Recently, I decided to name my new-to-me old house Grey Gardens. Surprisingly, I find the reference comforting. It makes me laugh, sometimes out of sheer desperation. Our house will never be a mansion in conventional terms, but the new name reminds me of her potential.
I understand now why home renovation blogs, magazines, and tv shows are so popular. With each new problem that surfaces (does it ever stop?) the need to find someone, anyone, who is in a similar situation becomes increasingly compelling. Somehow, even if the walls are crumbling and your caster based cabinet is eerily rolling across the room from an incompatibility of gravity and aging hardwood floors, it all seems more manageable if you know there are others facing the same challenges.
We all need the support and connection of a community, this is especially true for artists. Thankfully, the ease of communication online allows me to stay connected to friends and colleagues across the globe. I value their (your) continued presence and input. In part, that is why I’ve been pushing myself to share more of my individual studio practice online. But still, most online communities are more about crafting an image while sharing successes, and less about creating a platform to collaborate on shared dilemmas. As much as I love them, social networking sites and blogs can’t completely replace the energy and discourse of a studio full of working artists.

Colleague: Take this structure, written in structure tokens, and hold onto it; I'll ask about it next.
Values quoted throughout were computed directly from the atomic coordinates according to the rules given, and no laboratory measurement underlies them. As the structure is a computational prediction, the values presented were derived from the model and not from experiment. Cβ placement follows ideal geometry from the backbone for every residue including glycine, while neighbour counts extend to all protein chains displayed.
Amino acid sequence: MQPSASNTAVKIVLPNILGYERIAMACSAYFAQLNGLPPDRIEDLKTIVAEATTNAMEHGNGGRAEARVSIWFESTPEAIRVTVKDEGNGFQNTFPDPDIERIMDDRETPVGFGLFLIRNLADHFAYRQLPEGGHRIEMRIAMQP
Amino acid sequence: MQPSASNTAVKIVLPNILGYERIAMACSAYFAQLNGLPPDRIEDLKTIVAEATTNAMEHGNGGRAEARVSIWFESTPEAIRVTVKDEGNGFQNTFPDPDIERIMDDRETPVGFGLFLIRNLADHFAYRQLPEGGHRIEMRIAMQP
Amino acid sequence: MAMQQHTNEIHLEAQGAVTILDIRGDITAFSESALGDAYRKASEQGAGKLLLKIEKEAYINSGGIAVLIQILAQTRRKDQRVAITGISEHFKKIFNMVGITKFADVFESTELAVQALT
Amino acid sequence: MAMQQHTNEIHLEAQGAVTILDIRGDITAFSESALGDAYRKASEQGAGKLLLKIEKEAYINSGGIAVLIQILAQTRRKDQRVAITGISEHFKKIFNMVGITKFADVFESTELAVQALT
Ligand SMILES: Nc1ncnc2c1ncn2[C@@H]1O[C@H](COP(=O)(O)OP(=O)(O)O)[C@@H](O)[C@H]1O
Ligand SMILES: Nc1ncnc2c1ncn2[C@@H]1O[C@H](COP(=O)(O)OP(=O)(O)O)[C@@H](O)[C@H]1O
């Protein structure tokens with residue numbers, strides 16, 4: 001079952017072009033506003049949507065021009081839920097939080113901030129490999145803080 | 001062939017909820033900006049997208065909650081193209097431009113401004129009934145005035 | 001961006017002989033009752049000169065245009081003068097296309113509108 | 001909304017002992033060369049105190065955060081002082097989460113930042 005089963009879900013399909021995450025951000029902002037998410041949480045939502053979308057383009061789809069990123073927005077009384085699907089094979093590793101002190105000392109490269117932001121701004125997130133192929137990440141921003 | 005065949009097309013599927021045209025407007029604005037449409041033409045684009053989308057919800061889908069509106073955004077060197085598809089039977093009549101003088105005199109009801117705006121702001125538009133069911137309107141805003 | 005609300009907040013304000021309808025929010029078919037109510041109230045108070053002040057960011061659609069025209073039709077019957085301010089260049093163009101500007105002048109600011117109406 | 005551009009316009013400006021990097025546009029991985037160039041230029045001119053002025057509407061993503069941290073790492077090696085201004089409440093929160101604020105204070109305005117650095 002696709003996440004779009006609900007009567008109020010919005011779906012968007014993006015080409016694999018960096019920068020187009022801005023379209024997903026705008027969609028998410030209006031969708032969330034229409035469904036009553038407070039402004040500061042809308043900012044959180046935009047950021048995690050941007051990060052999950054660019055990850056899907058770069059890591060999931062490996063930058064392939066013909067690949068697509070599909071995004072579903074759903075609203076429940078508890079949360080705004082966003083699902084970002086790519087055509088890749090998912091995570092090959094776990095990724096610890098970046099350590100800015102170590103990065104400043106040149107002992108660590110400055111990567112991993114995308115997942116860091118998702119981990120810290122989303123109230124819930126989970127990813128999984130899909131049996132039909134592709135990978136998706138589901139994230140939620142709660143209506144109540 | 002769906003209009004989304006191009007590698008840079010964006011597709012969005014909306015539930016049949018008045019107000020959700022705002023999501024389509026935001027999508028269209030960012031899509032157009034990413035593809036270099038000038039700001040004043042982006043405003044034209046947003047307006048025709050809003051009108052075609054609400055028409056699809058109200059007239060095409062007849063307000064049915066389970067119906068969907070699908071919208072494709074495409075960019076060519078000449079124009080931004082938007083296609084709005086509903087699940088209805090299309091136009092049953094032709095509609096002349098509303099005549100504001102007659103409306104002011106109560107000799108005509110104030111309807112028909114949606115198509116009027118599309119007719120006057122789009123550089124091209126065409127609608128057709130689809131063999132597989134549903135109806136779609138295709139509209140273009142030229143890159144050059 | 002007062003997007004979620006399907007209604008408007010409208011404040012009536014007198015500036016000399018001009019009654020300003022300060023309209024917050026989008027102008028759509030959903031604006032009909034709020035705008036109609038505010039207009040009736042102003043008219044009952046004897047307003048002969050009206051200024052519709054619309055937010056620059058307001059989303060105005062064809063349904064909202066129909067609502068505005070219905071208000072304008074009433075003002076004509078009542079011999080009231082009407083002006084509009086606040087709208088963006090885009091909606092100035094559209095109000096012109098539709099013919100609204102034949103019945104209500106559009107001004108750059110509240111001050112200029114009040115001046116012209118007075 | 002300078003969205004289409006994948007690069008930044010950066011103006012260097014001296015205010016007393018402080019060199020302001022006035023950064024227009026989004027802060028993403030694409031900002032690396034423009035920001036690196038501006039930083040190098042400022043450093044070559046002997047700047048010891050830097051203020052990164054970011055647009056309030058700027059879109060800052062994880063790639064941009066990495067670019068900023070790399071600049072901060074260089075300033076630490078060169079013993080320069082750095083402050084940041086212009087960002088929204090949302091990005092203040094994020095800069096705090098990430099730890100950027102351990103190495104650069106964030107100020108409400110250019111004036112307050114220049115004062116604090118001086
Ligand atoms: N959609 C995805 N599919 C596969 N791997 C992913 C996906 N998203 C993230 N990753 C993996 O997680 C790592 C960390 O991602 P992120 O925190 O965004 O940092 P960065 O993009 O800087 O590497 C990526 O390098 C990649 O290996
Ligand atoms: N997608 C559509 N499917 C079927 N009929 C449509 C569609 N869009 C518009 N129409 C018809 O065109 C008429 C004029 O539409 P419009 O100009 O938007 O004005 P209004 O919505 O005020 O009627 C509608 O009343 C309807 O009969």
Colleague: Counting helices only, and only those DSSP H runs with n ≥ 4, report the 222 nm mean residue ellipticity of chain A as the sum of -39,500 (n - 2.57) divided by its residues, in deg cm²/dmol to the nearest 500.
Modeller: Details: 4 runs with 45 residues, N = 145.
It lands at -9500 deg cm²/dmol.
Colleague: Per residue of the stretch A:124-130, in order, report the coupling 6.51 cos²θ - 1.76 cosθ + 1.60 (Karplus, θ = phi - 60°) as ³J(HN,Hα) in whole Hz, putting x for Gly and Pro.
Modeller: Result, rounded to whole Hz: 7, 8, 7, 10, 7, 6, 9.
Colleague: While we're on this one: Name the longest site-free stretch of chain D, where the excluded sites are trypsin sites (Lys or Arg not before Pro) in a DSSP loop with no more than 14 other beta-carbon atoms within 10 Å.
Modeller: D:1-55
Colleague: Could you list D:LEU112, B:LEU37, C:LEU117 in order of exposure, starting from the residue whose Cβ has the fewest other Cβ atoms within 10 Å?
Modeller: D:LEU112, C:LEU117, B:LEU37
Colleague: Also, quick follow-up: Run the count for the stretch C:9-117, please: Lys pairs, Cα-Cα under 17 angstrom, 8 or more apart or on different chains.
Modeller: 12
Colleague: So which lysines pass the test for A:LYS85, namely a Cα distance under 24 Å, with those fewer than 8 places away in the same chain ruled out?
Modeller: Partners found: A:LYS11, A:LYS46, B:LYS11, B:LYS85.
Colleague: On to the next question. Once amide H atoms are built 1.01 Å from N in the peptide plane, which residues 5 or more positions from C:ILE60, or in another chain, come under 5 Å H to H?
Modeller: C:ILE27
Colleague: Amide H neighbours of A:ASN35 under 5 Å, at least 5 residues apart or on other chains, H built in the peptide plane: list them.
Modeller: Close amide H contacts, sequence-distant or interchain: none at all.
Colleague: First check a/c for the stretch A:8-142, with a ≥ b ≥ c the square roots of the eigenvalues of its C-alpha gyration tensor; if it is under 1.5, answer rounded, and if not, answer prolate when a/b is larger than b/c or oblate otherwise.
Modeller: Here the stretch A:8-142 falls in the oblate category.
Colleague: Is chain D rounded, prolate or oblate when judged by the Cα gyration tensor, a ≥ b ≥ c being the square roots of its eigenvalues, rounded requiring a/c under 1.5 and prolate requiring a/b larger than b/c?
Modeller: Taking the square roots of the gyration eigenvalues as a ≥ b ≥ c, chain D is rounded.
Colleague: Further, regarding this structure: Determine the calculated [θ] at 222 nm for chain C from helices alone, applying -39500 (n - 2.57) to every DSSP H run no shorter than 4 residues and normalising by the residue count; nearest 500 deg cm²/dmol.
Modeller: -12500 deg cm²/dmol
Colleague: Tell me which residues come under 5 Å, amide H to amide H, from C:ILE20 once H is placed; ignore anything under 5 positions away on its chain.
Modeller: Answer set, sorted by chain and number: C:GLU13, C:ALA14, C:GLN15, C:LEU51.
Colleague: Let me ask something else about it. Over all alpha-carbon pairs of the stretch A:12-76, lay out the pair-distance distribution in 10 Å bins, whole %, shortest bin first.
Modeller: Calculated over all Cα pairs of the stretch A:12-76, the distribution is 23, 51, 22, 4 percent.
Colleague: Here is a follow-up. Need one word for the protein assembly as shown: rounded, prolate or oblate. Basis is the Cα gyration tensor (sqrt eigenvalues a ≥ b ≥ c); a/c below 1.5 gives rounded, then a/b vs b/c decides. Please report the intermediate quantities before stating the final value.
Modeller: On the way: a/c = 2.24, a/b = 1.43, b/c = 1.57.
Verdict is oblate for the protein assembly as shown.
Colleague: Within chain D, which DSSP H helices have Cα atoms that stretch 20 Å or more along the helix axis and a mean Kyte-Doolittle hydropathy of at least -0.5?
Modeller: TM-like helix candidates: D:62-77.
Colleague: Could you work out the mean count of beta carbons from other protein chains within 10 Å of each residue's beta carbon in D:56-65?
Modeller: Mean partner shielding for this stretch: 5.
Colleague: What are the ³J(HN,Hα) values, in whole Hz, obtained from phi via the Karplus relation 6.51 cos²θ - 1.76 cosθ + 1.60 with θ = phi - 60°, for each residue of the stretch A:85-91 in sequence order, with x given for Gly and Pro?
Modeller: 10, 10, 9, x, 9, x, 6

One of the biggest challenges in moving to a new area as an artist is trying to find your people, to build a new circle in your personal artistic community. You have to find the people that share some sense of your purpose, that can support you and also challenge you when needed. This isn’t always easy, especially when you find yourself living in a smaller town or rural area.
Happily, this week I have been busy meeting local artists and making some new friends. I’ve been walking through town collecting visual bits for a series of new works. In the interest of Camp, I walked to the ATOM: Aluminum Tree & Aesthetically Challenged Seasonal Ornament Museum and Research Center exhibition (disappointing). I visited Tiny E’s: The World’s Smallest Elvis Museum (amazing) and devoured an extra large serving of Pad Basil (delicious) from the Little Bee Thai food truck at the Oskar Blues Brevardaversary party. Tonight, I am looking forward to hearing The Steep Canyon Rangers in concert. Tomorrow, a tour of artist’s studios.
I moved here, I bought into this place, with a few artistic goals in mind. I’m currently trying to solidify my vision of those goals, and some days I suffer from buyer’s remorse. This week, however, I’m feeling rather positive about it all. I see the potential for me here.
Things are happening here in the mountains. Things are happening.